Mai has become the new Majat Guildmaster. After the Majat victory against the Kaddim, Mai plans to follow the Kaddim to their camp to finish them. Kara is a Diamond Majat – one of the best warriors ever. Kara and Mai are deeply in love but protocol between a Guildmaster and a Majat is strict regarding what they are permitted to do. But right now Kara has another problem… during the combat, one of the Kaddim placed a ‘mark’ on Kara allowing him to affect her fighting prowess and listen in to what Kara hears. The one person who can help Kara also has feelings for her and helping her would help his rival, Mai.
I read the first two books in this series (see the review for book one here, and book two here) and started out really enjoying these characters and this world. But the second book took a turn and was as much about the romance dance between our main characters as it was about the skills of the Majat. But there was still some wicked scenes of combat that were really exciting and kept the book flowing. But I could sense the change.
And now the change is even more obvious. This book becomes much more of a romance than an epic fantasy story.
My biggest issue with this change is the change in characterization. Kara, our main protagonist (alongside Mai) becomes more of a teenage girl with desires and faults than the supremely trained warrior that first fought alongside Mai.
This first became obvious when the Kaddim ability to infiltrate Kara’s thinking interrupted her during a fight. She says, to herself, “It’s the Kaddim. They can disable me in a fight. There was no way in hell she was going to say this out loud. If she did, it would make it all true.” But most of the fights hinge on Kara and prowess. Rather than being the leader that she has been through the two previous books, she jeopardizes the entire Majat forces because of her pride.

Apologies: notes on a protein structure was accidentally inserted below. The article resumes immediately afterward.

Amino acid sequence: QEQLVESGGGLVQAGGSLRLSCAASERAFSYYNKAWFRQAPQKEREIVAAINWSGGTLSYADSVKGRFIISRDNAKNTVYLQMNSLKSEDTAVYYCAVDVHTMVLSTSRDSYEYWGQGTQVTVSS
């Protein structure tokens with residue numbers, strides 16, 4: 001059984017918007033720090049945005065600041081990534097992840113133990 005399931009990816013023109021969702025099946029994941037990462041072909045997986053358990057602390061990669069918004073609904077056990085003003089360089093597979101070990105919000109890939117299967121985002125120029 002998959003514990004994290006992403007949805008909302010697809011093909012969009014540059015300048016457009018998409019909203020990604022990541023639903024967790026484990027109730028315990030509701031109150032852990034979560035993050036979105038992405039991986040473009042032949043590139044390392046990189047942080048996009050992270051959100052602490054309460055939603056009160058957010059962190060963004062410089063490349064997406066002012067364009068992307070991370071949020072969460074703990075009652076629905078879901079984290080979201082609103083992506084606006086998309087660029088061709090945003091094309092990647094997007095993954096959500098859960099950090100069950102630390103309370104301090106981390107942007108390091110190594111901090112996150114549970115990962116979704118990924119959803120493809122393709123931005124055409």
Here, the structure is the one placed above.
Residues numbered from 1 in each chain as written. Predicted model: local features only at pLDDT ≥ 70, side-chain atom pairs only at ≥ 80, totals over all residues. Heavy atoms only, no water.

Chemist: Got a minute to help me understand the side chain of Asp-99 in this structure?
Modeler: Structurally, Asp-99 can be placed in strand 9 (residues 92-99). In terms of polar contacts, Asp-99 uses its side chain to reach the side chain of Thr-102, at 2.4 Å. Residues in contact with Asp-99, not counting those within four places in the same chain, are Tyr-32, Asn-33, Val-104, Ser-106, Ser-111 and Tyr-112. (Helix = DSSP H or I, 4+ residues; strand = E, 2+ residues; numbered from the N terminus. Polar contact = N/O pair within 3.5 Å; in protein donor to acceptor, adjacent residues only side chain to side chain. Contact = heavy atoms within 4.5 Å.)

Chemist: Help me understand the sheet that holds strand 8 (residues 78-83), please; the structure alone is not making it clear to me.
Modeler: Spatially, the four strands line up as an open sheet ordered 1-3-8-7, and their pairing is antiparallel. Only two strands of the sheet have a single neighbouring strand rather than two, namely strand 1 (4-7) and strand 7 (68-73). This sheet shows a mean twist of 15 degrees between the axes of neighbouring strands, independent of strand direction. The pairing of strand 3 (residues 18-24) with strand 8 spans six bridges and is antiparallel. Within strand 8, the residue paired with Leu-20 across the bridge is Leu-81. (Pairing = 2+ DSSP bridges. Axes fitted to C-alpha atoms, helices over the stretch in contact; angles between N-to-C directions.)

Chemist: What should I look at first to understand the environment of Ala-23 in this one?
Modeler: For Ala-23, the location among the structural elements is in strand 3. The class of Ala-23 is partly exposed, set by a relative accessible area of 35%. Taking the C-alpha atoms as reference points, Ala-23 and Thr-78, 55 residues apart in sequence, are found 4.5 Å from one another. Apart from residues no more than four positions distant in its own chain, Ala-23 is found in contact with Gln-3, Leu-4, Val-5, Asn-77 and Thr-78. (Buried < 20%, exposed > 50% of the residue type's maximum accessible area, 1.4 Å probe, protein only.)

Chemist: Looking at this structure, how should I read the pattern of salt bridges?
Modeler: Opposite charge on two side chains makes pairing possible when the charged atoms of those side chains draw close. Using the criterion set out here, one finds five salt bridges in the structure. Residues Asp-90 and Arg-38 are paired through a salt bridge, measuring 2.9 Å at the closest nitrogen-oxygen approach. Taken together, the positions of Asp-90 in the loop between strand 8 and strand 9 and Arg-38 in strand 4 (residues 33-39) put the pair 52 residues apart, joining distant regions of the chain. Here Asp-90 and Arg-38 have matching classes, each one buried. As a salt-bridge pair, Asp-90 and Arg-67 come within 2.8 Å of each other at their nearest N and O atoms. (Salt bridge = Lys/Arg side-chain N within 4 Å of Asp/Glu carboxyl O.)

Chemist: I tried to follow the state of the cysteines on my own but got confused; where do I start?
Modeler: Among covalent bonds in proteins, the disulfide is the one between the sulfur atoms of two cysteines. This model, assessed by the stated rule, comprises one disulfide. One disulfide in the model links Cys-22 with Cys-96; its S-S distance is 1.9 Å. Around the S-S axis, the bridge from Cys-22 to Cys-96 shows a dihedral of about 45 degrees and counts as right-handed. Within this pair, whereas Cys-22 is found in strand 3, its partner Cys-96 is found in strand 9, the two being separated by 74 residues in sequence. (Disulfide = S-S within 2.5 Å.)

A whole section of the book revolves around a meeting with another group whom the Majat hopes to join forces with to defeat the Kaddim. This group, led by women, require a ‘swapping’ of people for sexual gratification. This alone felt like a throwback to John Norman’s “Gor” series, though with the roles lightly reversed. Nothing is explicit, but the dance around the connubial relations is obvious. Certainly obvious enough to make the warrior Kara blush:
Kara averted her gaze. She knew she should be used to women ogling Mai by now, but the idea that he would be propositioned by women used to getting what they want and not in the least bit shy about it still did not sit well with her.
Ulhari turned to Kara. “You’ve been intimate with the Majat Guildmaster?”
“Yes.” Try as she might, Kara couldn’t help the blush that rose to her cheeks.
“Did you enjoy it?”
“I did.” Kara felt hot now, despite the cool evening wind wafting through the tent.
Ulhari leaned forward and patted her arm. “Good for you. Things like this make me wish I was younger, still able to chase after men I took fancy to.”
Although I was hesitant to begin the series, I found that I really enjoyed the first book and looked forward to reading the series. But I grew disappointed with the turn the series took (at least the turn I observed) and I end the trilogy feeling betrayed. I was not expecting to read a YA romance/fantasy, but that’s what I got.
Looking for a good book? Assassin Queen is the third book in the Majat Code series by Anna Kashina and is much more a YA romance than an epic fantasy that the first book set up.
I received a digital copy of this book from the publisher, through Netgalley, in exchange for an honest review.
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author: Anna Kashina
series: Majat Code #3
publisher: Angry Robot
paperback, 528 pages